Editor’s note: In April, MilitaryShoppers published “What’s Wrong with Military Service as a Family Business?” and one reader had a lot to say about it.
He said “…regarding the participation of volunteer Americans who serve ‘for the duration of unrest’ and those other patriotic Americans who ‘make Military Service a career’ should not be defined as Americans who take on our military/government service as a ‘Family Business.’ Give these brave and honorable Americans the courtesy of acknowledging them as heroes and not Business (as usual) Families.”
Here’s our response to his comment.
A family business, to me, means a store or company that is passed down through the generations. A company that goes from “Smith” to “Smith & Sons (or Daughters) to “Smith and Co.”
In the sense that our U.S. military is built on generations of hard work and sacrifice, yes, one could call it a family business. But only if you are referring to the entire U.S. population as that family.
Frankly, it is not surprising that 80 percent of our current troop force has a relative who has honorably served. In the 1990s, troops saw service in Desert Storm. In the 1960s and 1970s, we saw a military draft for service in Vietnam. Just two decades prior, millions of citizens were mobilized to combat fascism in World War II. These service men and women are the current generation’s parents, aunts, uncles, grandparents, siblings and cousins.
It might be hard to find a family where no one has ever served in the US military from 1940 to the present day. No wonder the veterans in our own families influence the choice to commit to military service.
Today, we have a 100 percent volunteer force.
A 100 percent volunteer fighting force means that each and every military member had to make the decision to join. No one was telling him or her to join or else. With recent wars and casualties, you can bet that even children of military personnel had to take these potentialities into account when they swore their oath to protect and defend.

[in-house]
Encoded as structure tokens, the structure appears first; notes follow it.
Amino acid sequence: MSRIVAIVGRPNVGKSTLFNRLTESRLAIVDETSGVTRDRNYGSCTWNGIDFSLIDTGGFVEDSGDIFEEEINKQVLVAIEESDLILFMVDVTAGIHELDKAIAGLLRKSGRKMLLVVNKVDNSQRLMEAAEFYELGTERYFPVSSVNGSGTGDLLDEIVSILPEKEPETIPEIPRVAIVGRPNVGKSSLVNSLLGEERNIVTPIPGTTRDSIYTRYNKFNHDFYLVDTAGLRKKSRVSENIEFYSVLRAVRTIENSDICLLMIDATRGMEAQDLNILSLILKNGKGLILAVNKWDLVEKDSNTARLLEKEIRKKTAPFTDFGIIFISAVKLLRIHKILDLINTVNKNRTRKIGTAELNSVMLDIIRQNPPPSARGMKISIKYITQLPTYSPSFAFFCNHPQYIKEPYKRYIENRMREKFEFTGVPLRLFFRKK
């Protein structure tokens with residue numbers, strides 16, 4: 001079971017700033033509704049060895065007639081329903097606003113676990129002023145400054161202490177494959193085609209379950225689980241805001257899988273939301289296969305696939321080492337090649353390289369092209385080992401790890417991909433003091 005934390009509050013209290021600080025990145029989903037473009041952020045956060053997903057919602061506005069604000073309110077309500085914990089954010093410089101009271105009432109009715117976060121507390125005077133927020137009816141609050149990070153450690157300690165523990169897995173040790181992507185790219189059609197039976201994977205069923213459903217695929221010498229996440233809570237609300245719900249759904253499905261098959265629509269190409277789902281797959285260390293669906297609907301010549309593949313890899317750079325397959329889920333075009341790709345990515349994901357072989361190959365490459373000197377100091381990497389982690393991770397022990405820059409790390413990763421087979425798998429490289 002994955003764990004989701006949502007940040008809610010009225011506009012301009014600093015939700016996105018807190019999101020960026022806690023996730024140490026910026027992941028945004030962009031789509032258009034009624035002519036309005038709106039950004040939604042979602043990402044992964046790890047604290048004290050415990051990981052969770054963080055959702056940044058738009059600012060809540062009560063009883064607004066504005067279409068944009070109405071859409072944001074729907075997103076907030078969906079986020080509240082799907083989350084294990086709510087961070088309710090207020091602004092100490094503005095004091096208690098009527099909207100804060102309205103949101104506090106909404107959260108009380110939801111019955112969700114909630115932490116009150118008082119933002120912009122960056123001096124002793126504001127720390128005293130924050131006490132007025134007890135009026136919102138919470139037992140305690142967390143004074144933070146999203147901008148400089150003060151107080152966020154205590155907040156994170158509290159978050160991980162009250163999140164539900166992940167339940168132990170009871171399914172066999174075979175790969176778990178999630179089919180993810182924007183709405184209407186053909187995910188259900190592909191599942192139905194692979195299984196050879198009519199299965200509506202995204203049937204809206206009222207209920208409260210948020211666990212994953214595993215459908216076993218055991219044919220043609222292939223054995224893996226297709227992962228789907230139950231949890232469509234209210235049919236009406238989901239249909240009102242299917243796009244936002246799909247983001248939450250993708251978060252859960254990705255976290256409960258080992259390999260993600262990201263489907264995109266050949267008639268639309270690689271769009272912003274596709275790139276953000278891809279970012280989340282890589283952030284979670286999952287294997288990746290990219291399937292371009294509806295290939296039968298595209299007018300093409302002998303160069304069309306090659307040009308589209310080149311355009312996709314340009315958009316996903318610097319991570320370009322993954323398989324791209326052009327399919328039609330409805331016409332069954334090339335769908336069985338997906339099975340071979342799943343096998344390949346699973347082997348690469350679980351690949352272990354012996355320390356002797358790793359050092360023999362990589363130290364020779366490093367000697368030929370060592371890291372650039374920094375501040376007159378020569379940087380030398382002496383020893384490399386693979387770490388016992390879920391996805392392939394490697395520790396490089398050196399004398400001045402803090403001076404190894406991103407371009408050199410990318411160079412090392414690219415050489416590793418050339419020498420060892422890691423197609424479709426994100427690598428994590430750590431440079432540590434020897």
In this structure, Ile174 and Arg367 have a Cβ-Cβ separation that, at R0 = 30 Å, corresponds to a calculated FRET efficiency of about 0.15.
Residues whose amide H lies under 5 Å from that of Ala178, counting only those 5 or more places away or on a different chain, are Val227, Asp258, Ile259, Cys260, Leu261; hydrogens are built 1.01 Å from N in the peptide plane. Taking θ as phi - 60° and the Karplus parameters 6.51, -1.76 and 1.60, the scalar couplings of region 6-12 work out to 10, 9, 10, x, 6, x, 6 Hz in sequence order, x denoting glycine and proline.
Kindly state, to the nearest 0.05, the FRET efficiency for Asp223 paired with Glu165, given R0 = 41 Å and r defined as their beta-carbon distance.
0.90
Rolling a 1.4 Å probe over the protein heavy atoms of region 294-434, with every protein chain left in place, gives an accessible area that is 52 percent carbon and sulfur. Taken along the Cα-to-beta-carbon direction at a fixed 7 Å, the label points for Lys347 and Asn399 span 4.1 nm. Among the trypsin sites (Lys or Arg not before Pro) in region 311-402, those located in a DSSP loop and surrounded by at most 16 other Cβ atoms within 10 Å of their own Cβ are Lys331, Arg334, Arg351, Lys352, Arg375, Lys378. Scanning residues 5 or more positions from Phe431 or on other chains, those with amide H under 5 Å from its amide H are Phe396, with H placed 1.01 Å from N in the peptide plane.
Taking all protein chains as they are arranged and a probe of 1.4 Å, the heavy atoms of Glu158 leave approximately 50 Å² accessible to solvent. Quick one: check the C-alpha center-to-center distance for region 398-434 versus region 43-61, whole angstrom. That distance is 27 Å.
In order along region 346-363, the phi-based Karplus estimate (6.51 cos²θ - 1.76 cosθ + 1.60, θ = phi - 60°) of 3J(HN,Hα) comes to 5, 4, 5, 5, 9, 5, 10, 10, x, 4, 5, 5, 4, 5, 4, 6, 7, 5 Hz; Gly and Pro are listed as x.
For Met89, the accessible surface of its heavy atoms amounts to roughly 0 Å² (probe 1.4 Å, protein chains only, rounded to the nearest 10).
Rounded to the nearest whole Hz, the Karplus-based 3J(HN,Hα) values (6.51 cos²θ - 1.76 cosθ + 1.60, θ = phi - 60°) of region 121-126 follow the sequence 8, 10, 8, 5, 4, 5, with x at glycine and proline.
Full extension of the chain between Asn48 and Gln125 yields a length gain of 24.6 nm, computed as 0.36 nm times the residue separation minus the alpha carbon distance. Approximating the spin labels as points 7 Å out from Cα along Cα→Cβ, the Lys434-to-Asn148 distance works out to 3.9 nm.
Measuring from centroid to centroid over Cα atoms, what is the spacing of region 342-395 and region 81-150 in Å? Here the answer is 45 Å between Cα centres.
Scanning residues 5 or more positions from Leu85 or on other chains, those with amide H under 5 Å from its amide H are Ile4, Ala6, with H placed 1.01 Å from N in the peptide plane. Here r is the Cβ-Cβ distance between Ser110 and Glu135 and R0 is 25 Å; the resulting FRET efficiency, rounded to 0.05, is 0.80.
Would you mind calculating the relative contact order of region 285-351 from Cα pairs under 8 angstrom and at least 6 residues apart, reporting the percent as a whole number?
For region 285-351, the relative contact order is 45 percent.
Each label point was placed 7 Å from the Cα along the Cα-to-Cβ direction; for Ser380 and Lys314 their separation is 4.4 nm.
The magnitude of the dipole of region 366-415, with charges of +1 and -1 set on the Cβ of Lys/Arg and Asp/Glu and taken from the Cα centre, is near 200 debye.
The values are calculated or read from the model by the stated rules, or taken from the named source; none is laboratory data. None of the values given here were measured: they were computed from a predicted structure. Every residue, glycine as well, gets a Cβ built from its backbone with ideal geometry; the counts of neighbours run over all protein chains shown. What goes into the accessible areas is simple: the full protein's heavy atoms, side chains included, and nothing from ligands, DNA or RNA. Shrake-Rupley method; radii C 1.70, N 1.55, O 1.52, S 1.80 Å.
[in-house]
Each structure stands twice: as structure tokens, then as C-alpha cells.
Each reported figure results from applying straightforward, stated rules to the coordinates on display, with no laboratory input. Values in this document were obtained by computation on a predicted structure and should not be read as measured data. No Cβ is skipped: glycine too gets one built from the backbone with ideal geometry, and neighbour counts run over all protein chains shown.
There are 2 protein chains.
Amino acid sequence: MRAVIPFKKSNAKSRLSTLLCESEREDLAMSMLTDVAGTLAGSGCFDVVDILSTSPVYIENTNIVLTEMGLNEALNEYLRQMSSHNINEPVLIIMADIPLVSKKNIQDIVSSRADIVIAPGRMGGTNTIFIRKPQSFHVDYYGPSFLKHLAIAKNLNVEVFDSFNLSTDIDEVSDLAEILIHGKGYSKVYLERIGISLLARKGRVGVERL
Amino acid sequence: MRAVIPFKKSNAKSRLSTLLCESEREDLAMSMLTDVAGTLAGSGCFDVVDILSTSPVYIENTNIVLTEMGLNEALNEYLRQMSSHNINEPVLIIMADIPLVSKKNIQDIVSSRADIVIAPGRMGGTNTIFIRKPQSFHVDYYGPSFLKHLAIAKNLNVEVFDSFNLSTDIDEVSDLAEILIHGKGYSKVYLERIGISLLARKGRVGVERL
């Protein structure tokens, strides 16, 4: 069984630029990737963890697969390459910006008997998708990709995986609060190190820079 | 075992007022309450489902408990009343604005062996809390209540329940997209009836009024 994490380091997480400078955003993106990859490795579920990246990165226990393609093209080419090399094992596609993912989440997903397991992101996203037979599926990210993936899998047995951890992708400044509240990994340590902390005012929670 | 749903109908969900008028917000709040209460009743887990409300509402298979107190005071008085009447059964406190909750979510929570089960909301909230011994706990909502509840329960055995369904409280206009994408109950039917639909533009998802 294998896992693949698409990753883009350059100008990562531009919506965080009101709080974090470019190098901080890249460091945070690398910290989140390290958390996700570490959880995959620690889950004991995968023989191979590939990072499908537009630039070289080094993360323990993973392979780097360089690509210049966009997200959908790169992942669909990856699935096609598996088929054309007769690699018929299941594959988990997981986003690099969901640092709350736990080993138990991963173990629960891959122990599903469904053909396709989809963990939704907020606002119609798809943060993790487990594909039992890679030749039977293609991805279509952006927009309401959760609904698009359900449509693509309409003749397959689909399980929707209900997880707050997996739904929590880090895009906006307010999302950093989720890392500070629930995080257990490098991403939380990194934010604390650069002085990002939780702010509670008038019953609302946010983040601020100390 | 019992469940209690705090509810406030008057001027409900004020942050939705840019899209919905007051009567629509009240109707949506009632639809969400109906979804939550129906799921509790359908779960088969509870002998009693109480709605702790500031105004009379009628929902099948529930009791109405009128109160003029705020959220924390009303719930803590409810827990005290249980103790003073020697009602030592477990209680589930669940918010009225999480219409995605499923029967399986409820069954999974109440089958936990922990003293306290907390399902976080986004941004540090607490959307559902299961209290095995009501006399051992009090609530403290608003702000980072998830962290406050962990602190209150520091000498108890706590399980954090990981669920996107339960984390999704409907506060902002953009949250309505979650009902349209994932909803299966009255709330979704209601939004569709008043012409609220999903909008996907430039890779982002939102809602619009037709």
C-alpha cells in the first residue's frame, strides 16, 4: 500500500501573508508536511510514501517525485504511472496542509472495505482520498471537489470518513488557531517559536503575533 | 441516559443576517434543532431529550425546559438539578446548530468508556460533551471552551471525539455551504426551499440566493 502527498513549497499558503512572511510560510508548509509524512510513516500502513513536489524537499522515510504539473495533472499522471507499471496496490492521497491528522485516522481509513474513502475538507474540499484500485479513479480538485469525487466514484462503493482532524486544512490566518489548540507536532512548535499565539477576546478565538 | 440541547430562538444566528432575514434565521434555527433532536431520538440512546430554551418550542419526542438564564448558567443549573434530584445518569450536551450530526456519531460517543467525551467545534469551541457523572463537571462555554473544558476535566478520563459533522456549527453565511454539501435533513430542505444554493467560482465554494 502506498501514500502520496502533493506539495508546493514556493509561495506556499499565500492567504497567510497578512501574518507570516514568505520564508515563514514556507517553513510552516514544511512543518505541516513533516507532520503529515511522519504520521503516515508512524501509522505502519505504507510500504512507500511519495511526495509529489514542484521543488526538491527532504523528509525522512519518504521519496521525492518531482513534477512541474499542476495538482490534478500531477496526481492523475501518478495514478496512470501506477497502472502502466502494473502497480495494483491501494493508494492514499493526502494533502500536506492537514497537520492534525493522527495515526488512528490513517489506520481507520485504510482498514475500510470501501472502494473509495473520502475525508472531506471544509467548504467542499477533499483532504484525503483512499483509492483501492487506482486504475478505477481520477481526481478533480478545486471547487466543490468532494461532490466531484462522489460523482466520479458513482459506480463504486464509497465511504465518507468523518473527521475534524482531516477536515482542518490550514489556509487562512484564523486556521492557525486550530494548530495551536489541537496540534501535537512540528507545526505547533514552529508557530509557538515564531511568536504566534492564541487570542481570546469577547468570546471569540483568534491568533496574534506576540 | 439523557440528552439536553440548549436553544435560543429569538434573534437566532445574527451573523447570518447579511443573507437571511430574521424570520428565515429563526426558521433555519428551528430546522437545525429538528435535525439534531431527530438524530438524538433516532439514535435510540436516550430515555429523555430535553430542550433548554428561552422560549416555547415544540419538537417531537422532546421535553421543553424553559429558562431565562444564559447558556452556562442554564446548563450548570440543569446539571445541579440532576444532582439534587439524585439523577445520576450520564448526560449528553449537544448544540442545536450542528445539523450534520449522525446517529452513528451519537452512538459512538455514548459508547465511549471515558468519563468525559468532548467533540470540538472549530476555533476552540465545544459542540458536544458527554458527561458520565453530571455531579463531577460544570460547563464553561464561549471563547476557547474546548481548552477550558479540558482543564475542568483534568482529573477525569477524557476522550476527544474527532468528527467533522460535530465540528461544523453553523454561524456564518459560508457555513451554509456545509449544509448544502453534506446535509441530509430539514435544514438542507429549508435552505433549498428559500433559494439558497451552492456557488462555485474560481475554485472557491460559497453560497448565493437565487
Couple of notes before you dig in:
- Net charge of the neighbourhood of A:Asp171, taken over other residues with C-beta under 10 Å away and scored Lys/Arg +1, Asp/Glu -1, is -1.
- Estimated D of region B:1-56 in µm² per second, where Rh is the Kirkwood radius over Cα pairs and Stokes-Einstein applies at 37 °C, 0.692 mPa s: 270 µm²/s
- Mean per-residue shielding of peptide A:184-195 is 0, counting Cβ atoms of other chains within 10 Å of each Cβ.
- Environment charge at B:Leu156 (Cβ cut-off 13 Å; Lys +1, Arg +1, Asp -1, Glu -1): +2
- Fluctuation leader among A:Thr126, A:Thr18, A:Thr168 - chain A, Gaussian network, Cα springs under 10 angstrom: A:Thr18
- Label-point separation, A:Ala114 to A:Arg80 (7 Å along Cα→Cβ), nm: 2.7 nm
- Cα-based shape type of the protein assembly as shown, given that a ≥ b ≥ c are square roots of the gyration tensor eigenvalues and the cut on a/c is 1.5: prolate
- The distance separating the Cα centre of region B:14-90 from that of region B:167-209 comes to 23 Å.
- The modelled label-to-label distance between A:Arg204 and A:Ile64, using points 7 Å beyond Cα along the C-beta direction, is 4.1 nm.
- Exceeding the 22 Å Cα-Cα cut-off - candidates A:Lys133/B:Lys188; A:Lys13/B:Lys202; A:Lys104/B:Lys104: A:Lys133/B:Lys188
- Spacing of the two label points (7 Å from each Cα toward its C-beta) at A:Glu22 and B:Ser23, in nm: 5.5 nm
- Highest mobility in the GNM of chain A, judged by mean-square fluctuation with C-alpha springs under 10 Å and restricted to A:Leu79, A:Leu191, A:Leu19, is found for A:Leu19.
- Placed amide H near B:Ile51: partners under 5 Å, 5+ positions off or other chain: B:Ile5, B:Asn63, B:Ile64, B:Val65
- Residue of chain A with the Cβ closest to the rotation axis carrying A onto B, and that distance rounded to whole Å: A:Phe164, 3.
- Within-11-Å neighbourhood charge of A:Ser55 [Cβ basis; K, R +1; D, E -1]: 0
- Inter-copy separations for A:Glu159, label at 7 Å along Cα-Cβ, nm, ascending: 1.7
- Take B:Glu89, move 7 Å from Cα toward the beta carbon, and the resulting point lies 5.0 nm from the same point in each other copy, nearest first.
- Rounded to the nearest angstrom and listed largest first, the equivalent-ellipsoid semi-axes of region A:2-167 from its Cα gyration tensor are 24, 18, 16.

The child of a service member knows better than most the sacrifices that must be made on a daily basis. Seeing a parent deploy over and over, wondering when or if he will come back home and moving constantly are familiar to the 25 percent of current troops who had a parent who served.
Yet many still choose to join the military.
A family business feels like something a son or daughter must join, must continue, to uphold the family name or to keep the family financially stable.
Who is telling that 80 percent to join the military?
They aren’t working for a company bearing their own last name. They won’t inherit a share of it or be able to divide their portion among any children.
There is no inherited reason to sign up for this life, other than their own passion and commitment.
Instead, these volunteers are working for the United States of America. They are working to uphold the U.S. Constitution, to sacrifice of themselves for the common good.
Deciding to serve in the military, or any other service profession, is a calling. It is something that a person feels deep inside, something they know is right for them personally, something that fulfills them.
Whether signing up for a 4-year contract or committing to 20+ years of military service, service members do it because it is right for them. Yes, getting paid is nice and having training or professional experience for post-military life is wonderful.
But military service is more than just a job or career; it is a purpose.
Our troops sign up and swear an oath to serve our country. They are writing that much touted “blank check for an amount up to and including their lives.”
This is serious stuff, something that requires thought and total commitment. It is not something to be entered into lightly or because it “runs in the family.”
If seeing a relative honorably serve has led a person to serve as well, we should applaud this. We should equally seek out and recognize troops who do not have a family legacy of service.
Whatever reason causes a person to join the military, it should not simply be written off as a family business.
Oh no, this “business” is so much more than just something to be handed down.